What about freedom from bespoke Yacht wood butchery…

Tool Guyd had a post on a very interesting tool chest the other day…

Now, I’ll admit to admiring the art involved in the design and building of an over $1500-dollar tool box but appalled at just how impractical it really is as a tool box. 

Some obviously has got their form follows function manta ass-backwards.

Which has what to do with VolksCruisers exactly?

For starters, I love working with wood and I understand that whether you’re building a guitar or a boat it is best to have some standards where quality is concerned. In my opinion if you’re not doing a good job you really shouldn’t bother.

That includes boat interiors.

The problem sets in where all of a sudden you’re being told that the sort of finish you should be doing is akin to a Stradivarius violin or other works of art. Which is not that I object to building works of art but living in a work of art is problematic especially when it’s a cruising boat.

Just like the $1500-dollar tool chest it’s simply not practical in the real world. Or, to be more precise, it’s just silly.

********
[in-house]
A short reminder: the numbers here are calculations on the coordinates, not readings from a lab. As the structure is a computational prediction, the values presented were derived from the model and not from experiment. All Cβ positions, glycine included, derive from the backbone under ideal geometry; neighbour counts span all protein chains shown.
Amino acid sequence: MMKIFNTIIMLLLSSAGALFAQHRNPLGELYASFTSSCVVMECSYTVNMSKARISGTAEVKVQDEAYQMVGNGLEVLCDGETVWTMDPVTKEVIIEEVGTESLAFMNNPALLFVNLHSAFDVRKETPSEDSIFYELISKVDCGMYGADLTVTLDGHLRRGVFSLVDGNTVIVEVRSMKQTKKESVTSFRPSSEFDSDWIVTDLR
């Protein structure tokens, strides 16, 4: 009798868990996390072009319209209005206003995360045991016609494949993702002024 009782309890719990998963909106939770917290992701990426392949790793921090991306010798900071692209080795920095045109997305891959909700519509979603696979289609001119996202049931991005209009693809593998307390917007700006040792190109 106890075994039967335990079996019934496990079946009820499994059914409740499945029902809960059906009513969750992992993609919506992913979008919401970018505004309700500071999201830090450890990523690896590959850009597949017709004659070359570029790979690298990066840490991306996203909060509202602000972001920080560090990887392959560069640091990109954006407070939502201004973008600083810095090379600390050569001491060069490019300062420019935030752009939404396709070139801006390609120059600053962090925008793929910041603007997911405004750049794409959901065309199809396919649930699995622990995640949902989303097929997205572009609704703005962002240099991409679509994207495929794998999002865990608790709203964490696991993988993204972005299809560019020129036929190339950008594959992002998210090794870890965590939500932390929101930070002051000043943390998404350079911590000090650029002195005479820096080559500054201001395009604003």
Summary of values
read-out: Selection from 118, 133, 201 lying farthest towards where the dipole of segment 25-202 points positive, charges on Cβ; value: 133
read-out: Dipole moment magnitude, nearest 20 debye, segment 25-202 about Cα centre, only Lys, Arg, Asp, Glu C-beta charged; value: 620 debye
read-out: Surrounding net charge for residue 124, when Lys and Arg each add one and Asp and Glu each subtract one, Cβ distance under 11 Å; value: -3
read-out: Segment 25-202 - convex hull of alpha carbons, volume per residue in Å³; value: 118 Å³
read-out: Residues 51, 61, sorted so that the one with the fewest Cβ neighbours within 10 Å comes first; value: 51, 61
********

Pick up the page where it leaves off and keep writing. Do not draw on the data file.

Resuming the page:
A good cruising boat need to be practical and easily cared for What it should not have  the sort of Bespoke Baroque woodwork where form is more important than function. 

Here’s a well built simple chart table that I really like.

It’s practical and does the job. No complicated woodwork, no exotic wood species, or ten coats of varnish that needs to be maintained. In terms of design it is actually quite refined as there is nothing there that’s not earning its keep.

Or as a one of my design teachers would say when he thought a design was especially praiseworthy.

“Now that’s a clean design.”


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